“Is it just me or is Grant on edge?” Vince lit a smoke as I slid into the old sedan. His eye’s drifted over the dash as he tapped the fuel gage. He turned to me as we pulled out. “What do ya think baby he’s always making time with you. You think something up?”  Eye’s back on the road he shifted gears and sped up.
“He’s not; Grant talks to me because I can negotiate with the Malic. You know he gets nervous every time we deal with any of them other people.” I grabbed Vince’s smoke as he drove. He knows Grant hates the other people, he also knows the only reason he’s still alive is because I took care of Grant when we were in Horror Show. I know it eats at him. “The guns we grabbed off that last haul their Malic.” I didn’t tell him the load was all medical supplies, heading out of Dor-E’an to the Dome. Grant was nervous but Vince didn’t need to know that. He’d been looking for a way to take out Grant from the start. I wasn’t about to ruin the only good thing that’s happened to me since the Cataclysm.
  The miles and hours were silent, only the storm chasing us. The highway rolled on black stretching out into the night. We’d have camped by now but Grant was sure they were coming for us and he wanted to put some miles between the city and us. We rode along what was left of I-75. We rode tight to take up most of the road. Even if he was scared it was business as usual when dealing with drifters. Loners were always easy targets. Sometime after midnight the pack pulled off the road.
“We ride at daybreak.” Grant shouted as he pulled out the folding tent from his saddle bags. Within a half hour we’re bunked down and Sampson’s sitting watch with Damon one of the original pack members.
The rifle rings out and I know Grant was right. I’m awake and the rains coming down soft on the tent. Frozen, only my arm moved across the tent bottom reaching for my pistol. Another shot rings out and I hear Sampson screaming. Vince is scrambling to his feet unzipping the tent. Nine mm in hand he slips from tent. The silhouette of his arm rises to fire and the smell of ozone is in the air followed by the cracking sound of a disrupter.
Diving out and rolling to my feet I’m running and a bike’s less than twenty feet away. Vince’s body is limp behind me that blank look staring cross-eyed at a wound he never got to see. Sampson’s behind a car reloading.  Damon’s body is splayed over the hood from the other side. Behind him are six Malics each armed with heavy disrupters like the ones we took from the last jacking. Another stands back chanting and I know he’s the real danger. Grant’s already moving, running between tents. He fires off a shot and it ricochets off a barrier that’s visible for only a second. The chanting ones eye’s flare as the bullet sings away.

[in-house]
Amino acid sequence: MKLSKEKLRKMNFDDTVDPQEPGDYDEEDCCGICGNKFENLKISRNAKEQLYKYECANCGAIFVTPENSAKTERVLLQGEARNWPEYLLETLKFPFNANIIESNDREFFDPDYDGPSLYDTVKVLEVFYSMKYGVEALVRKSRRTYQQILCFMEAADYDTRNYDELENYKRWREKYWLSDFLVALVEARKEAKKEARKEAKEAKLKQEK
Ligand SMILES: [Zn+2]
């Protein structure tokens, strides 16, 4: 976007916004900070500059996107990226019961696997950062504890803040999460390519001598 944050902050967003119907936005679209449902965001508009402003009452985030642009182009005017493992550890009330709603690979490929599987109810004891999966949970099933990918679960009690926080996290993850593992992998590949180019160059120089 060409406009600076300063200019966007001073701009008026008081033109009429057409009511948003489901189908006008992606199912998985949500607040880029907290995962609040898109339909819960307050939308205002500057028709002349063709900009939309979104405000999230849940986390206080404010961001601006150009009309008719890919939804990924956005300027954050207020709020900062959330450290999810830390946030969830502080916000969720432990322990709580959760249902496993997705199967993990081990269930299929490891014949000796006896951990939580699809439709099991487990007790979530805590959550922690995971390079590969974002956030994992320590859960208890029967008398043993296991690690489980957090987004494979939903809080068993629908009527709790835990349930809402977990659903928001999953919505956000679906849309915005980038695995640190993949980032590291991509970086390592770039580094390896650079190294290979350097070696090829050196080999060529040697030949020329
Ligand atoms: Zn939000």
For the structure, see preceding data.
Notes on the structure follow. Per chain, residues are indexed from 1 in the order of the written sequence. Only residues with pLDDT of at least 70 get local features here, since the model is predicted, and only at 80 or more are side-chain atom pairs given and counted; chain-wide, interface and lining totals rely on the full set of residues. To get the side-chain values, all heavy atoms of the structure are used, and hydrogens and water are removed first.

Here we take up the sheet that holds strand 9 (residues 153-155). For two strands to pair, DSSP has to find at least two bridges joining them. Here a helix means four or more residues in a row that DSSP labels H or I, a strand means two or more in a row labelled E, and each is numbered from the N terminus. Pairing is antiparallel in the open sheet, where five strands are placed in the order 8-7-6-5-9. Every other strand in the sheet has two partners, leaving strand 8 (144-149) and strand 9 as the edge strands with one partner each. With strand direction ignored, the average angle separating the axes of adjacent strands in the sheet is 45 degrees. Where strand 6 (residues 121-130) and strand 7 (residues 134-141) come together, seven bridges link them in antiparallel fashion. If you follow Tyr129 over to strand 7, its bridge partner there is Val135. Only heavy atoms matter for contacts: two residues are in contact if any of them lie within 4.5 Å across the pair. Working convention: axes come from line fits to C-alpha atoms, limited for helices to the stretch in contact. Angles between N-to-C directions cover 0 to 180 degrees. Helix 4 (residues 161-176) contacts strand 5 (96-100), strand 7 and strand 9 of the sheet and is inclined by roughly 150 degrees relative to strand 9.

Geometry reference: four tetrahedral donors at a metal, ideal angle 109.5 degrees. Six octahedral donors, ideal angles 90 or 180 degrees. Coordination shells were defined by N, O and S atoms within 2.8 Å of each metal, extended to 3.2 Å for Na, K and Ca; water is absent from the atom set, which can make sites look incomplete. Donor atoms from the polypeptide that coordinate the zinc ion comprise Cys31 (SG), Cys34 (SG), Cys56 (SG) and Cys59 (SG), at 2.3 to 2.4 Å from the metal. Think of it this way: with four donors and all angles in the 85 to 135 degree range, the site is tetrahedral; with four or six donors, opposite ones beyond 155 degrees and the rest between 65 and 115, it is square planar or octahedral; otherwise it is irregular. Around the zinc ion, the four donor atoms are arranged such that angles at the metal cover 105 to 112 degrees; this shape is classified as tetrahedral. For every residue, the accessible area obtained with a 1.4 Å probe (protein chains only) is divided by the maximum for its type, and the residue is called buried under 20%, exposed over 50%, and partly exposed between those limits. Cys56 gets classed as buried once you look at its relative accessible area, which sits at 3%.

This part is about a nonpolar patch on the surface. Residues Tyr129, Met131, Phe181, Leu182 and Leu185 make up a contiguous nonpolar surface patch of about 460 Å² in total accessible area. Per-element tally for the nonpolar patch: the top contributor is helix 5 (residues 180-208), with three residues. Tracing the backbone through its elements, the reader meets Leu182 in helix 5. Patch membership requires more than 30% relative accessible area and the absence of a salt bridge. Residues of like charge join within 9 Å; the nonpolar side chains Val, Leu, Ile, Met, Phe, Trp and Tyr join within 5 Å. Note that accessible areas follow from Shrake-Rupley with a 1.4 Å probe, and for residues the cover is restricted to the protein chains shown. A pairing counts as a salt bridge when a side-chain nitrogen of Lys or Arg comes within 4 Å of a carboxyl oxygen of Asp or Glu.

Eileen cuts the side of her tent and comes out shooting. Bullets fly off the barrier and the chanter stagers back. He raises his hands and white energy flares around them. Sampson swings above the car hood firing off another shot from the rifle.
“Run!” His voice is hoarse, hollow, as he pulls the bolt back loading another round. “Run baby!” Sampson’s shouting is cut short as his head blows open from three well placed shots.
Eileen screams and is cut short before she can turn towards the bikes.
Leaping on to the bike I kick the starter and engine roars. Before I can pull out there’s a bellow of an air horn and brights from the truck flare to life as it rumbles. Ricky slams the gas and barrels towards the hit team.   
The Malics break in three directions. The chanter and two of the others are caught as Ricky plows them over. Two of the old wolves pounce firing off the Disrupters we got.  Another of the Malics drops.
Pulling the machete from its sleeve I head straight at one of the remaining Malics. He turns to fire off a shot and I can hear gunfire from behind me. The bounty hunter grabs his side as fires past me. Before he can get another shot off my blade’s sunk into his chest, deep, to the wrist. His weight pulls me from the bike. It goes wild and the Malic collapses on me. Blood spits from his mouth as I try and get the blade free.
Shooting pain and I’m blinded from a white light.
Next thing I know Grant is pulling me up. There’s a pile of bodies burning inside a semicircle of bikes. Not all of them were ours, or they weren’t when this night started. Most of the remaining wolves sit watching the pyre. Ricky and two of the others were busy loading old bikes onto the trailer with the medical supplies.
Grant and I watch the fire with the others. He’s got a gash along the side of face running along his cheek to the back of his neck. An inch closer and I’d likely be standing alone.
As the sun comes up we ride out. I know somewhere in that smoldering pile what was left of Vince was there with the others. We had been together for two years before the Red Wolves came to Horror Show and none of it seemed to really matter. The pack mattered. Seven new Rygire Lances and the rest the old bikes in tow the pack rode out without a word. With any luck we’ll find some new recruits in Spring Lake.
 
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« Reply #5 on: October 14, 2005, 02:20:32 AM »

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Doing Time in Downtown Dor-E’an

Snorting, Vic lit a hand rolled smoke and looked across the street at the oblivious citizens of Dor-E’an walking hurriedly between meaningless lives and wasted opportunities. Seemed like it didn’t mater what he sold; even straight rat poison and someone would be at his door wanting a fix.